I know that my novel could take any number of unexpected turns: after all, when a character grabs control of your pen, writing plans can go out the window. But I do know that my protagonist, Clementine, is named after the Klementinum in Prague, and that a pivotal scene takes place on its steps. I also knew that with three of my closest friends scattered around the world eager to meet me in Europe, renting an apartment together in Prague and doing a little research at the same time would be a damn good way to end my holiday.

I wasn’t wrong, I have to say.

The first day, after a celebratory meal outside Prague Castle that involved bottles of Bohemian Sekt champagne opened with a sword by the waiter, and some prime twerking that I don’t think the red rooftops of Prague had seen before (that’s a whole other story), I took my girls to the Klementinum.

I was a touch overwhelmed, to be honest. In writing about it for so long, the building had taken on epic qualities and to stand in front of it was utterly bewitching. I stared at it for quite a while, taking deep and delighted breaths as I tried to visualise Clem sitting on the steps.

But here’s the thing: there are no steps.

It took me a while to realise. I turned my head to the east, trying to peer down tiny cobbled Karlova, frowning as it dawned on me:  I’d come halfway around the world for this, and there were no god damn steps, not even when I walked around the entire building.



That wasn’t the only problem. I needed Clem to sit there as the Baroque Library inside housed a particular book that held great importance to her, one that had triggered quite ferocious OCD in my crooked toothed heroine. That’s not too much to ask, right? My tour of the Baroque Library rendered me speechless; the ornate detailing of everything, from the book covers to the floor to the beautifully painted ceiling, was superb.  But when I eagerly asked the tour guide ‘So they add classic books to this library, am I correct?’ her curt and utterly Eastern European ‘Exactly no…not since the 1800s,’ made me again snap my notebook shut with a frown.

National Library, Prague

Baroque Library, Prague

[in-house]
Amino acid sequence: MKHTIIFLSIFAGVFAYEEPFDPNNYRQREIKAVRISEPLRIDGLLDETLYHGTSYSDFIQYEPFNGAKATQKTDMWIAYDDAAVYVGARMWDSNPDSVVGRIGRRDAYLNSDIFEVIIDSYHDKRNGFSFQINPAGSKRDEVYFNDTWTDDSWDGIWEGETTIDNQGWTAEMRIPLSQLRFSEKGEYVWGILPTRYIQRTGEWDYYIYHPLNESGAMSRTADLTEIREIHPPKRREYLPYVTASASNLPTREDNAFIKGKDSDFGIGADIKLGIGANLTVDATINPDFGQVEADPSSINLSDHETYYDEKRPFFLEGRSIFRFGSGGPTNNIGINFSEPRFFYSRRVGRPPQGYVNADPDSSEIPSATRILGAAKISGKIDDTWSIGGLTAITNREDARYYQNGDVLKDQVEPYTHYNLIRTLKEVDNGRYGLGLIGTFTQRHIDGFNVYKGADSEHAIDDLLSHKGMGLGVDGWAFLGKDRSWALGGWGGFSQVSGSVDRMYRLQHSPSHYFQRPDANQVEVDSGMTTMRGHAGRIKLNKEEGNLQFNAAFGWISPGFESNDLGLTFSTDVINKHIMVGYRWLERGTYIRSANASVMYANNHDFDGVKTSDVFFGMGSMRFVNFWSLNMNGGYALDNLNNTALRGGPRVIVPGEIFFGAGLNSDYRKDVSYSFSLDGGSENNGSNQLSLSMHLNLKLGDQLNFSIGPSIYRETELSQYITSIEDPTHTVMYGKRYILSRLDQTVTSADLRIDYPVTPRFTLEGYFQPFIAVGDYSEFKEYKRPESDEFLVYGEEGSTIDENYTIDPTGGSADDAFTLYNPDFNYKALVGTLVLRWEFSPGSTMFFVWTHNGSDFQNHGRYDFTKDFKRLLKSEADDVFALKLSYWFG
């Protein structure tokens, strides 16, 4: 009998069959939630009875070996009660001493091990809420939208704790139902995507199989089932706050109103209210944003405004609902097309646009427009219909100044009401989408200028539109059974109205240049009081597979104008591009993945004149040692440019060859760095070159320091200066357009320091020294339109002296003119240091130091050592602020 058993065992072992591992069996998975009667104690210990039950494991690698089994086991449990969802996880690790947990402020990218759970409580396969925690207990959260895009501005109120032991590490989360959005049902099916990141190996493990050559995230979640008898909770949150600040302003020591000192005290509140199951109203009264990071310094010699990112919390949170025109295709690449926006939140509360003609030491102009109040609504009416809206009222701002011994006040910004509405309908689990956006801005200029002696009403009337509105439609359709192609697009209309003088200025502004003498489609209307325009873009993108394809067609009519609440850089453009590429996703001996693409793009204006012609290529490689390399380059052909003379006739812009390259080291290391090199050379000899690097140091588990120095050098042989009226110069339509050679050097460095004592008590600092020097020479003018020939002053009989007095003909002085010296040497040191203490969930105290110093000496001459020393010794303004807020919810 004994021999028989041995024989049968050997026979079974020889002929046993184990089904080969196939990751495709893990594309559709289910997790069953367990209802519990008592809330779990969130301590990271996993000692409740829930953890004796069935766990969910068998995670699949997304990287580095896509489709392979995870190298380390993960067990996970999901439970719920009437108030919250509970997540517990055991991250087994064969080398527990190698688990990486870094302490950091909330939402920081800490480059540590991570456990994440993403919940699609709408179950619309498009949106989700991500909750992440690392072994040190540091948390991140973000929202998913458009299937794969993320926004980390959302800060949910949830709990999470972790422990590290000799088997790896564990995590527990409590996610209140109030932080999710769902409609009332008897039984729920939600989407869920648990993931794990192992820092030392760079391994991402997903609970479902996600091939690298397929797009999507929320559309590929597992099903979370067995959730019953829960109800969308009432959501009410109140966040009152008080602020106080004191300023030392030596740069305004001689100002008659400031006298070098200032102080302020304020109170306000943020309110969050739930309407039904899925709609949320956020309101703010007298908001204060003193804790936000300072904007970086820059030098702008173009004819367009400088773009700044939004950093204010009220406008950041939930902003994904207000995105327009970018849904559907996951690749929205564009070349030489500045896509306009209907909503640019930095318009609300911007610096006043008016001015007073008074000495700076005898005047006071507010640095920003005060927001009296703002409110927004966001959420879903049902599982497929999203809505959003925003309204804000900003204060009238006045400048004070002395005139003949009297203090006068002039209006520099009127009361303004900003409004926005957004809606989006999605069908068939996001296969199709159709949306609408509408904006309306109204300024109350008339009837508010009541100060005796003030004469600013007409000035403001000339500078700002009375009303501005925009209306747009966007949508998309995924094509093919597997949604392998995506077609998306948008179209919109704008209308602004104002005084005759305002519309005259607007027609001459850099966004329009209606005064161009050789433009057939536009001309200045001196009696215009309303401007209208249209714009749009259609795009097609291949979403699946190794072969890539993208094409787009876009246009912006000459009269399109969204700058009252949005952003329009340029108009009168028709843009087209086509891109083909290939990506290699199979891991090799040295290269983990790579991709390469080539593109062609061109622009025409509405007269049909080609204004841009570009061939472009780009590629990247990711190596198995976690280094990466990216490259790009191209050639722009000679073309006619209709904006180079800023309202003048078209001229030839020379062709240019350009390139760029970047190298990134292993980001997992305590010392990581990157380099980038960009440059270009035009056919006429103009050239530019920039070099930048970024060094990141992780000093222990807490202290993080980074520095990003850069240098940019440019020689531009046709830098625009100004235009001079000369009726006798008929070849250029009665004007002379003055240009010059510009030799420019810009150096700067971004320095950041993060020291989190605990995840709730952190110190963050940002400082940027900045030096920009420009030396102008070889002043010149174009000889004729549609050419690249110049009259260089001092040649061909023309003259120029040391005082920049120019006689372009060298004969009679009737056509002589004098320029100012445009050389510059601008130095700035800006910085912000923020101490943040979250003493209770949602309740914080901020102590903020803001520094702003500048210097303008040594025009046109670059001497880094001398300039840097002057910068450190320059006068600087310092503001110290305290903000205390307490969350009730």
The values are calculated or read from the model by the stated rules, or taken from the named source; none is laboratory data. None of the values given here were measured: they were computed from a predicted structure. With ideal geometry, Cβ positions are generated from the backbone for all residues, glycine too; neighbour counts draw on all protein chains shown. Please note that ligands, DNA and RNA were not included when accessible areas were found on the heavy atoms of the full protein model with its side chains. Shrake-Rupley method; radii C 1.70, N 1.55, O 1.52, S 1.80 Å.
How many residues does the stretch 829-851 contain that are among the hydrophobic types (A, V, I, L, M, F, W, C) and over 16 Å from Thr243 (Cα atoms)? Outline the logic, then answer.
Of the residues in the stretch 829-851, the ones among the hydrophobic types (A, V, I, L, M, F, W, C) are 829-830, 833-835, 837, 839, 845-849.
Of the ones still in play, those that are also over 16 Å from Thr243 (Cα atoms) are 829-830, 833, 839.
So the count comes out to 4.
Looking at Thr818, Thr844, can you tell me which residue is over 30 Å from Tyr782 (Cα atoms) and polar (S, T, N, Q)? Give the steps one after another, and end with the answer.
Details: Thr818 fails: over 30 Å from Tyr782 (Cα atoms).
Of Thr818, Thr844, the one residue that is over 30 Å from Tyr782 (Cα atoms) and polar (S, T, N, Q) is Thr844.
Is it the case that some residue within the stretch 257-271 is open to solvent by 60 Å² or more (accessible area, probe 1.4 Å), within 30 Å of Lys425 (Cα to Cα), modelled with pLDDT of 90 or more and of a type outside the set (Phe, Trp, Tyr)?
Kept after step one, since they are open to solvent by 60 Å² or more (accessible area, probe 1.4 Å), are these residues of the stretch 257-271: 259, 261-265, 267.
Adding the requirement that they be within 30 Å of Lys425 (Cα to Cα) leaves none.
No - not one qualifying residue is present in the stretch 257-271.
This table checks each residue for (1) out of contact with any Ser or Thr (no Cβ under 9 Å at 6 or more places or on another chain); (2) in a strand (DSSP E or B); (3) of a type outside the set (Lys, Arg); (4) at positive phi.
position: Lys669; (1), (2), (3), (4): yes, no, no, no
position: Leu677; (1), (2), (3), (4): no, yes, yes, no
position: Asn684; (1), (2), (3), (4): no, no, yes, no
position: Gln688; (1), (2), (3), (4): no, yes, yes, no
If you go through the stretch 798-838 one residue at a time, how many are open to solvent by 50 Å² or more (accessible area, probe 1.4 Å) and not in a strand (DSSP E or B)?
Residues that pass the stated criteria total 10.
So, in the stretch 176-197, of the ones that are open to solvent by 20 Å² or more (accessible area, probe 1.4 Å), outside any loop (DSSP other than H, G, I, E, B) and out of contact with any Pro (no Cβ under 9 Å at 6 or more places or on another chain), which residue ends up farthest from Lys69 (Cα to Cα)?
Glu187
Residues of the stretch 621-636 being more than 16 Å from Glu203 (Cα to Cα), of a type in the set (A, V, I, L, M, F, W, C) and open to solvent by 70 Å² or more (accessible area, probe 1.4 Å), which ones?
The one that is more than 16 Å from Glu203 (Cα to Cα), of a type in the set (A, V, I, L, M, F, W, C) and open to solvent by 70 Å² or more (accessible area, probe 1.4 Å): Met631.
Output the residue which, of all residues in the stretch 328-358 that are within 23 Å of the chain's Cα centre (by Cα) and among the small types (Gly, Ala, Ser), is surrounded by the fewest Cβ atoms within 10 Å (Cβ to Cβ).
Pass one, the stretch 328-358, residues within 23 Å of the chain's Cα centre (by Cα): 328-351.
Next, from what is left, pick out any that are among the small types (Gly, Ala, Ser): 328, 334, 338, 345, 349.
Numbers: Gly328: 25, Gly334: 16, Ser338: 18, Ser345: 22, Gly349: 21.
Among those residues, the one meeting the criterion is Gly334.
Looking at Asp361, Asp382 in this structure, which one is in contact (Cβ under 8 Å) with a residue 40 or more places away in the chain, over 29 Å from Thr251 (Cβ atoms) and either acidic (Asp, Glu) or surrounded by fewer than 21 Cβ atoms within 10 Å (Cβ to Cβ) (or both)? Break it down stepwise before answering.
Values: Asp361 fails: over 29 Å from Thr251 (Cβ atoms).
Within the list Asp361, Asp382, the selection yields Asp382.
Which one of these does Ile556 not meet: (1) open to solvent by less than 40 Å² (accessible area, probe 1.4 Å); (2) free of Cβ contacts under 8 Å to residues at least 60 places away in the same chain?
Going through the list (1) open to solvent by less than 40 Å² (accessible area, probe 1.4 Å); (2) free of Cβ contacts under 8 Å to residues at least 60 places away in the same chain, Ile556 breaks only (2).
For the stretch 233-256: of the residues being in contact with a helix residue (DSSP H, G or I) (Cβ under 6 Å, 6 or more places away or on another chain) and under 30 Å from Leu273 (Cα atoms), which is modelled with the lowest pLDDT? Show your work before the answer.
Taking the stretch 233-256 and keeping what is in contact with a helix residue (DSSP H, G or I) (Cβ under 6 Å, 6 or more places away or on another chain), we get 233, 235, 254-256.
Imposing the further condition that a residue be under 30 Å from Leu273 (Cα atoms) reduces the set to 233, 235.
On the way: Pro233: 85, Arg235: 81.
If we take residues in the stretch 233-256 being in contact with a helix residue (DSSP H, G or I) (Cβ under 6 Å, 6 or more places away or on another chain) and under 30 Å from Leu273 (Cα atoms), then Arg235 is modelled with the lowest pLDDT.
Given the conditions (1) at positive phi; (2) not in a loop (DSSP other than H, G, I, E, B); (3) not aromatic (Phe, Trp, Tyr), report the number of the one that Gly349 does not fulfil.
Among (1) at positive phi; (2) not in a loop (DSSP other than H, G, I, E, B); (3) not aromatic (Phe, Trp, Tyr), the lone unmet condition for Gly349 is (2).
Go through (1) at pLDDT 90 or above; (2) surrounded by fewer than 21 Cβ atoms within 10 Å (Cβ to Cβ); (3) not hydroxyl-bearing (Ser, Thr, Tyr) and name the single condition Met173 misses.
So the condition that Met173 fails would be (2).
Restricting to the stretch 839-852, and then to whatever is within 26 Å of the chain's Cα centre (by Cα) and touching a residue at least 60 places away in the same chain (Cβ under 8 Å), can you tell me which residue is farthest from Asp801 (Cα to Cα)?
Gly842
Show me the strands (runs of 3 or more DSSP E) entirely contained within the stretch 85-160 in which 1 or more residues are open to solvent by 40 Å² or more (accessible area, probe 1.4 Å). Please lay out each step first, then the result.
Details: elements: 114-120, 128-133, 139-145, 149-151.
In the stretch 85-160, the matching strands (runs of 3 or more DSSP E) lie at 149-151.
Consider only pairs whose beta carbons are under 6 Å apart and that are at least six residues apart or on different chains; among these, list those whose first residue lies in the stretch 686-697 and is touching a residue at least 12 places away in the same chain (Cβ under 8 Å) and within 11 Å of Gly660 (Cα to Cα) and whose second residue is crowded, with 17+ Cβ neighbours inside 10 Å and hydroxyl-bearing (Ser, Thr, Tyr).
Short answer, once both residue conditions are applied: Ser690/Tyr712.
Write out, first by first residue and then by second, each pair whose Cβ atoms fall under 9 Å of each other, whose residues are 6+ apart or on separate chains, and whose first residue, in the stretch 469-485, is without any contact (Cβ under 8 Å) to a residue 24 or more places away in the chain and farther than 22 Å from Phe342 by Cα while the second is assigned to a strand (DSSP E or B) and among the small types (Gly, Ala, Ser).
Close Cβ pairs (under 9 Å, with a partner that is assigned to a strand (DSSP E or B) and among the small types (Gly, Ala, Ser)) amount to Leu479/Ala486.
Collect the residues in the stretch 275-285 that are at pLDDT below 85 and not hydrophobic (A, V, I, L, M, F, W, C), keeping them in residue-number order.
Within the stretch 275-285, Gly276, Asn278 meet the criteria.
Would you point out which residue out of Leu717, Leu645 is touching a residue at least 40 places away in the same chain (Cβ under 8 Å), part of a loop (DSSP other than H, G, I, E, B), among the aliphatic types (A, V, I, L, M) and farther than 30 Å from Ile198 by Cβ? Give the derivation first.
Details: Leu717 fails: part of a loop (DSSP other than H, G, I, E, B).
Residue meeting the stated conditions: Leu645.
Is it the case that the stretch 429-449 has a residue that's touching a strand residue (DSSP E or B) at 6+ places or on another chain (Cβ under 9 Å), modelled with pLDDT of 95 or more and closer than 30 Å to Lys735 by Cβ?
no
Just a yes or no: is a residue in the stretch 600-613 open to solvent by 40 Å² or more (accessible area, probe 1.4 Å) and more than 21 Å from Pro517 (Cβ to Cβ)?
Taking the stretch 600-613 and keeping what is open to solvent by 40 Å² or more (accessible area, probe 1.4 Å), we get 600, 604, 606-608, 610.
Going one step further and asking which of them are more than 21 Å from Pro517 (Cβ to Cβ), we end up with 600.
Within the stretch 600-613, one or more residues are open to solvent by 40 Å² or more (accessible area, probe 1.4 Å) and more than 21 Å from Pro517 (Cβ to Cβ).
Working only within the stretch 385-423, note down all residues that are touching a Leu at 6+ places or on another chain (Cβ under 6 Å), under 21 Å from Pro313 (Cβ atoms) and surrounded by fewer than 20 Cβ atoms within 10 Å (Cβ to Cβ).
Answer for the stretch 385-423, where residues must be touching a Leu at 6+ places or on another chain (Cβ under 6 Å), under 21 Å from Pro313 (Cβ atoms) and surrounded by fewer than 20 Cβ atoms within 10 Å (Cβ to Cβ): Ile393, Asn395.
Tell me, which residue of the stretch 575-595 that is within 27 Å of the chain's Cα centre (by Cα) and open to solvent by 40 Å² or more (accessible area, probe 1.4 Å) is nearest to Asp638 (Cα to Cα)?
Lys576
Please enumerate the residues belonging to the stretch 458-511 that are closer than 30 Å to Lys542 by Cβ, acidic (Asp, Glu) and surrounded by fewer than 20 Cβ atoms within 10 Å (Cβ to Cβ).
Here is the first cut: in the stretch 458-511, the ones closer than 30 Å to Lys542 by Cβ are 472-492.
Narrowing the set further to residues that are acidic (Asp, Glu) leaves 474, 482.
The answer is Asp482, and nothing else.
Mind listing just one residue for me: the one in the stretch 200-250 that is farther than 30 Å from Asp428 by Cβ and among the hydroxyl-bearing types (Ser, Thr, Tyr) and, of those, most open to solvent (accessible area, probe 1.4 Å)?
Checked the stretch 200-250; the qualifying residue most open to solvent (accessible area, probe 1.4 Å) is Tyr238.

I know what you’re thinking…just make it up, right? No-one would know; and either way, it’s a work of fiction. But for someone whose writing honours a distinct sense of place, it was important to me to make it as authentic as I could, at least in my own eyes. And I couldn’t help feeling just a bit…well, jinxed. If I ever needed a hint from the universe that I was on the wrong track (and wouldn’t that be worth flying around the world for?), this was starting to look like just that.

Day three, we were stumbling around the serpentine alleyways in search of lunch when we came across Hotel Clementin and its lovely outdoor restaurant. A couple of bottles of Bohemian Sekt and some goulash and dumplings later, I’d used their free wifi to find that the Klementinum had another library in its complex, a more modern one.

Picture four rather liquored up women on the slippery cobblestones, marching towards with Klemetinum with a mission, a red notebook, and the odd sekt-fuelled hiccup.


And I was so determined to find my story that I walked right past the guard in his little booth without even glancing his way, straight into the National Library of Prague.

As a laughing friend who’d lived there told me later, ‘You must have looked Czech!’ The girls weren’t so lucky, and as the guard berated them about entrance fees and guided tours, I strode the corridors, nodding at the books like old friends and murmuring Clementine, Clementine, come out and play.

And she did, she did.